It’s time we decriminalised consensual sex among minors

It’s time we decriminalised consensual sex among minors

The Centre for Reproductive Rights (CRR) has called on government of Kenya to review the Sexual Offences Act (SOA) to reduce the number of adolescents being sent to jail for having consensual sex with their peers.

The Sexual Offences Act does not make any distinction between sex among adolescent minors and sexual acts between adolescent minors and adults — all of which are classified and/or have been interpreted as criminal offences. The SOA also does not make any distinction between non-coercive and non-exploitative and coercive and exploitative sexual conduct between minors, and therefore criminalizes the sexual conduct among adolescents. Consequently, adolescent males have been imprisoned and, in some cases, have ended up with a permanent criminal record for engaging in consensual sexual conduct with other adolescents.

Evelyne Opondo (middle), Regional Director for Africa at the CRR.

“The Kenyan Constitution affirms that adolescents have an inherent right to health, including reproductive health. Criminalisation of adolescents to adolescent minor’s sexual encounter without exception therefore unjustifiably restricts constitutional guarantees for adolescents,” said Evelyne Opondo, Regional Director for Africa at the CRR.

According to the 2014 Kenya Demographic and Health Survey (KDHS), slightly more than half of Kenyans have sexual relations by the age of 18 years. While a portion of this includes coerced sex, many adolescents also have non-coercive and non-exploitative sexual intercourse with other adolescents as part of a common phase during this period of life which includes experimentation and curiosity to understand their sexuality.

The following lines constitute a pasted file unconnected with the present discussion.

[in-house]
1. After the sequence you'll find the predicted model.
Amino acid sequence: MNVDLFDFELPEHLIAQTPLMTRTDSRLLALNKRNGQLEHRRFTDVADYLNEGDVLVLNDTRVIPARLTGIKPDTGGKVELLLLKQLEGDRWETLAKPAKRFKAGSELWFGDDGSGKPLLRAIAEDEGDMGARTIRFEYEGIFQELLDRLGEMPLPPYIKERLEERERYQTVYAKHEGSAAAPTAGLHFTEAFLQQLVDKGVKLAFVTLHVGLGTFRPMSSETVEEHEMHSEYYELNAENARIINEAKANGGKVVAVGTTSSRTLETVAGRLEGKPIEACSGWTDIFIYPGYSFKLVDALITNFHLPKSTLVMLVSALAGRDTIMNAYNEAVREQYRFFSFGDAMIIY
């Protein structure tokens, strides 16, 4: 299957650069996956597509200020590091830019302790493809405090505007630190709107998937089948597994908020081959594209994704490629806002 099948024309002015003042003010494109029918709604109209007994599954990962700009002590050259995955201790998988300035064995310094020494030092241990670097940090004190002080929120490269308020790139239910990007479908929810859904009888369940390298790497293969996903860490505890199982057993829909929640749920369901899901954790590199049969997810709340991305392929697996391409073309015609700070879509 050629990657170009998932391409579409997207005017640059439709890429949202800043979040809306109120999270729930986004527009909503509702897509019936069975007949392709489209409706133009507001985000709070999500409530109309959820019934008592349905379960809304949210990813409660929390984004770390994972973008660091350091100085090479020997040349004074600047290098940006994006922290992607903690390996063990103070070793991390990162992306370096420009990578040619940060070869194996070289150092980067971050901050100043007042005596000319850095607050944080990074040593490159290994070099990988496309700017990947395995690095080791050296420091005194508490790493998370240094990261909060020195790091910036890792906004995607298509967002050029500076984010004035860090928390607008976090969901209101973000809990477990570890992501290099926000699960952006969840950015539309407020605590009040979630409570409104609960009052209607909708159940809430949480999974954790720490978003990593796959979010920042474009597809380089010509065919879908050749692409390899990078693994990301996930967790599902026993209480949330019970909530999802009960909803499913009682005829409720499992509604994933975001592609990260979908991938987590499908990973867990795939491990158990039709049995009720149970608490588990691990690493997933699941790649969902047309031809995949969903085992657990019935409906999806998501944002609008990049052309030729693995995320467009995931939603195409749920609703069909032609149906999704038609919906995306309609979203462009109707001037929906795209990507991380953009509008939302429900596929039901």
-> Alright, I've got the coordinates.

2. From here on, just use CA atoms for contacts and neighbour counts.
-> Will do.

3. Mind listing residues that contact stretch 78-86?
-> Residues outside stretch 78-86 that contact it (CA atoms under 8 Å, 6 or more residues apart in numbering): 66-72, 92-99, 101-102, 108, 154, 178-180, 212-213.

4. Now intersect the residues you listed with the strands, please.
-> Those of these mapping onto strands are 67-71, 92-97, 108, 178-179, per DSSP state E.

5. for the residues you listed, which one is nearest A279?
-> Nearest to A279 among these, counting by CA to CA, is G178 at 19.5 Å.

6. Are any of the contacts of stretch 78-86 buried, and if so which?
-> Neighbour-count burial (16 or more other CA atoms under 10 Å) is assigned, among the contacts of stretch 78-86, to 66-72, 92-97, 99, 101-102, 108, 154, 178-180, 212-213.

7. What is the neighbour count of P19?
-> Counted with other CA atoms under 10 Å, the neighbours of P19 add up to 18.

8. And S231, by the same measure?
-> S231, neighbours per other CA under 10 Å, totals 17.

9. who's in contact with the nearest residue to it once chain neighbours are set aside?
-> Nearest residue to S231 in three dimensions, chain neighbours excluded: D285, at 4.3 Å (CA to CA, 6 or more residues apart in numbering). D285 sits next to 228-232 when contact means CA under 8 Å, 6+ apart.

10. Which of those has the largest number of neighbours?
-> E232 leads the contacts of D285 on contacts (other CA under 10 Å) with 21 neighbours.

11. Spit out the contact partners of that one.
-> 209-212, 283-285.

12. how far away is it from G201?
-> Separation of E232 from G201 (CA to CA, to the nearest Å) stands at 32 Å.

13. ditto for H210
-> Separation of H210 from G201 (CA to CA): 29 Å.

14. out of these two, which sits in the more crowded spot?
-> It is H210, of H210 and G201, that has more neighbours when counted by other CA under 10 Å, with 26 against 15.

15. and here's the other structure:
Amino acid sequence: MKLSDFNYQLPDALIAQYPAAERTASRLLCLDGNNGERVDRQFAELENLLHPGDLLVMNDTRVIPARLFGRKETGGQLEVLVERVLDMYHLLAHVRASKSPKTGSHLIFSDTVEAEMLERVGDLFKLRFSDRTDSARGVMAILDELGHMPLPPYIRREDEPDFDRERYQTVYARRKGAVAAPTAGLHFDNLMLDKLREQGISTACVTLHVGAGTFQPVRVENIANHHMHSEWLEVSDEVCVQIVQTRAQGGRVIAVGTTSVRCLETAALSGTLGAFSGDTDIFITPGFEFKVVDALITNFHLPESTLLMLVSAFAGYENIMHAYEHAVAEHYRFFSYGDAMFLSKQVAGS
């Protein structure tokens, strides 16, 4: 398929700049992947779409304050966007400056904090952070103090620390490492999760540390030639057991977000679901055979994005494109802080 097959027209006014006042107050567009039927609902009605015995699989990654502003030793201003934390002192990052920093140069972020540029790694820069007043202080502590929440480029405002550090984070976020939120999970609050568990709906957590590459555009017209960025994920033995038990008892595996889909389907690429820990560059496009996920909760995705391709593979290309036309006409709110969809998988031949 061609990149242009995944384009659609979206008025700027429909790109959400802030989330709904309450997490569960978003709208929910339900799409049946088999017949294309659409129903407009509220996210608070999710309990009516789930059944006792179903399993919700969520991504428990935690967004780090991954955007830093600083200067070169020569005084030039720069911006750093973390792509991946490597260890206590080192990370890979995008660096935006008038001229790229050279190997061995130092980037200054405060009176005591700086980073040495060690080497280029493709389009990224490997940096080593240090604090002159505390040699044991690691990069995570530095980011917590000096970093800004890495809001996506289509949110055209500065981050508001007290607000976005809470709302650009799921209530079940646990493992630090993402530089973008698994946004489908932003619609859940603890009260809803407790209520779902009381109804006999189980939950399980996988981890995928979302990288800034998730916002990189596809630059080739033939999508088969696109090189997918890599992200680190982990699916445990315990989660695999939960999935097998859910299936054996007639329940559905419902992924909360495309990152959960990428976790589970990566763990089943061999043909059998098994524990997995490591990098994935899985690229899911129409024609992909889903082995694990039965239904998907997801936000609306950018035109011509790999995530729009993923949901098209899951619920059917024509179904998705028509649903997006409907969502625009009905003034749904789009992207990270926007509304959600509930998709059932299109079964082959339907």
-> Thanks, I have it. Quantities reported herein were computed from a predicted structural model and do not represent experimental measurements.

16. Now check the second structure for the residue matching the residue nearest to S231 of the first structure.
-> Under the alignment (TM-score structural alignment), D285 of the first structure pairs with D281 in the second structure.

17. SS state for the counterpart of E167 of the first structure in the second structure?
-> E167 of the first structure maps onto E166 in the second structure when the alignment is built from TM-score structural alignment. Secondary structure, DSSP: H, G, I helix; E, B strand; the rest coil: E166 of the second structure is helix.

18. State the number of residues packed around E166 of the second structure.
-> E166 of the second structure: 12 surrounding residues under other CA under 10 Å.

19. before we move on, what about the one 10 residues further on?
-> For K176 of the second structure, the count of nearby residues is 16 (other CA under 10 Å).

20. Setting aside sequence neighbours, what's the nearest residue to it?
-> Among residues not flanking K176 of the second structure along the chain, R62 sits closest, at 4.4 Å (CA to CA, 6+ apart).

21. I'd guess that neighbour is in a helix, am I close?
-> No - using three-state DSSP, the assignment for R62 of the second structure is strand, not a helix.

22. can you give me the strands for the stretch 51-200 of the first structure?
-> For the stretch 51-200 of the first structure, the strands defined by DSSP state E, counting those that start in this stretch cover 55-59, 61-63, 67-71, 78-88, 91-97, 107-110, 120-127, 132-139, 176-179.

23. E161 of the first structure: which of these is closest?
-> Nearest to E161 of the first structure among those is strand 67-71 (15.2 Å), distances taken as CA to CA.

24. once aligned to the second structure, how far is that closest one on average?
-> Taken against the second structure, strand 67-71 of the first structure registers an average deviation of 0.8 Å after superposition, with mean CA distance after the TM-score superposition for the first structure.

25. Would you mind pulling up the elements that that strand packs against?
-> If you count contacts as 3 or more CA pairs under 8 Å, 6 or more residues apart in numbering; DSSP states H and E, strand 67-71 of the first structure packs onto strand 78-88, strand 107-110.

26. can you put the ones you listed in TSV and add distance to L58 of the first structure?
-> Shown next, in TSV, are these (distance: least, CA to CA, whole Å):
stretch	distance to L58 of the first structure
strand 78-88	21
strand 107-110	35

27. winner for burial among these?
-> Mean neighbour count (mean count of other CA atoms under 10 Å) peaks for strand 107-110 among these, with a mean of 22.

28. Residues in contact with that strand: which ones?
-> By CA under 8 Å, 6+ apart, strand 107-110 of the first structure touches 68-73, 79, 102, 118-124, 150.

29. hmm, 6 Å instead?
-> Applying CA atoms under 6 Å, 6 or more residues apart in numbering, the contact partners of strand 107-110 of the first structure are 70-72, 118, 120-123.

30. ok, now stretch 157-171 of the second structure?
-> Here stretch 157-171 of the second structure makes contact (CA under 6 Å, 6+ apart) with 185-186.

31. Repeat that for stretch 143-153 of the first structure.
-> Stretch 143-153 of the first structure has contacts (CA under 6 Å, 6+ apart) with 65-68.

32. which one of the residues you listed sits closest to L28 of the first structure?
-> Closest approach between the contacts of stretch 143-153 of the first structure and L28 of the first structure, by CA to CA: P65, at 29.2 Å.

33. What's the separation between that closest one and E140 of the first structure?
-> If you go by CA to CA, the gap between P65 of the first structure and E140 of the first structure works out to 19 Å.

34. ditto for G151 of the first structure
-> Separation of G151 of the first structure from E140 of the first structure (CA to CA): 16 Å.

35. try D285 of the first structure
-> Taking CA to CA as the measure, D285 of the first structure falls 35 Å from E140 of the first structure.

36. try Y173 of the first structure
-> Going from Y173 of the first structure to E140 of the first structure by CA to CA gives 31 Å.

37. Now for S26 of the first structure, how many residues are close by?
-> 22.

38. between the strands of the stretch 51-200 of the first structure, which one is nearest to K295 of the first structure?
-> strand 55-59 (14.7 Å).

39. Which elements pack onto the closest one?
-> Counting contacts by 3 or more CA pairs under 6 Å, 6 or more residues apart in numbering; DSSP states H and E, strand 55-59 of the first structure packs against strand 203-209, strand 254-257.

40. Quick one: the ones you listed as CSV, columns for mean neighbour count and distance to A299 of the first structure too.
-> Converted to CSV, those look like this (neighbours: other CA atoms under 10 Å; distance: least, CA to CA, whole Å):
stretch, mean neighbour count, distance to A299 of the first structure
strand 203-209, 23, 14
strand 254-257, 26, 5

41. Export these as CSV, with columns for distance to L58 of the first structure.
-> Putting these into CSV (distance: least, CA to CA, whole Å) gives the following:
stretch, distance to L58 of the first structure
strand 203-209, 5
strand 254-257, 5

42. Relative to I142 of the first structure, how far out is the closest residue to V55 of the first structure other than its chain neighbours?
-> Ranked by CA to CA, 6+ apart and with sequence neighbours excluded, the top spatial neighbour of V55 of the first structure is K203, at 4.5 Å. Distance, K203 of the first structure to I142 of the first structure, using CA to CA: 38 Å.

On the question of consent, some judges, in determining defilement charges involving sexual conduct between two adolescents, have expressed their discomfort with the criminalization of such conduct where there was demonstrated agreement on the part of both parties to engage in such conduct. In that regard, some judges have recognised that adolescents may have capacity to consent to sexual intercourse.

Sexual Offences Act does not distinguish sex among adolescent minors and those between minors.

The Court of Appeal in ‘Eliud Waweru Wambui v Republic’, Criminal Appeal No. 102 of 2016 held thus:“Where to draw the line for what is elsewhere referred to as statutory rape is a matter that calls for serious and open discussion… A candid national conversation on this sensitive yet important issue implicating the challenges of maturing, morality, autonomy, protection of children and the need for proportionality is long overdue. Our prisons are teeming with young men serving lengthy sentences for having had sexual intercourse with adolescent girls whose consent has been held to be immaterial because they were under 18 years. The wisdom and justice of this unfolding tragedy calls for serious interrogation.”

Among the policy and regulatory suggestions CRR proposes are to: amend the Sexual Offences Act by decriminalising non-coercive and non-exploitative sexual conduct among adolescent minors; establishing a clear directive on adolescent minors’ access to sexual and reproductive health information services that takes into consideration their privacy, confidentiality and evolving capacity, as per international human rights obligations; and adopting and implementing curricula on age-appropriate comprehensive sexuality education, including information about issues of violence, that is provided throughout schooling and undertake public education campaigns on sexuality to reach out-of-school adolescents.

The case of DOB

In 2018, DOB was a 16-year-old Form Three student living in a village in Western Kenya. He had a 14-year-old girlfriend – YB, also from the same village. The fact of their relationship was well known to their neighbours, parents and relatives. According to DOB and his mother, both minors had several sexual encounters with each other. In the same year, YB’s grandmother accused DOB of defiling her granddaughter. He was arrested, charged and sentenced to serve 20 years in prison – the maximum penalty. Despite being a minor, he was processed as an adult – court records erroneously indicated that he was 19 years at the time of the offence. His birth certificate, however, shows that he was 17 years old. Nobody ascertained his age during the entire trial. DOB is serving time in Kodiaga Prison for an egregious procedural omission.

Leave a Reply

Your email address will not be published. Required fields are marked *

Sign Up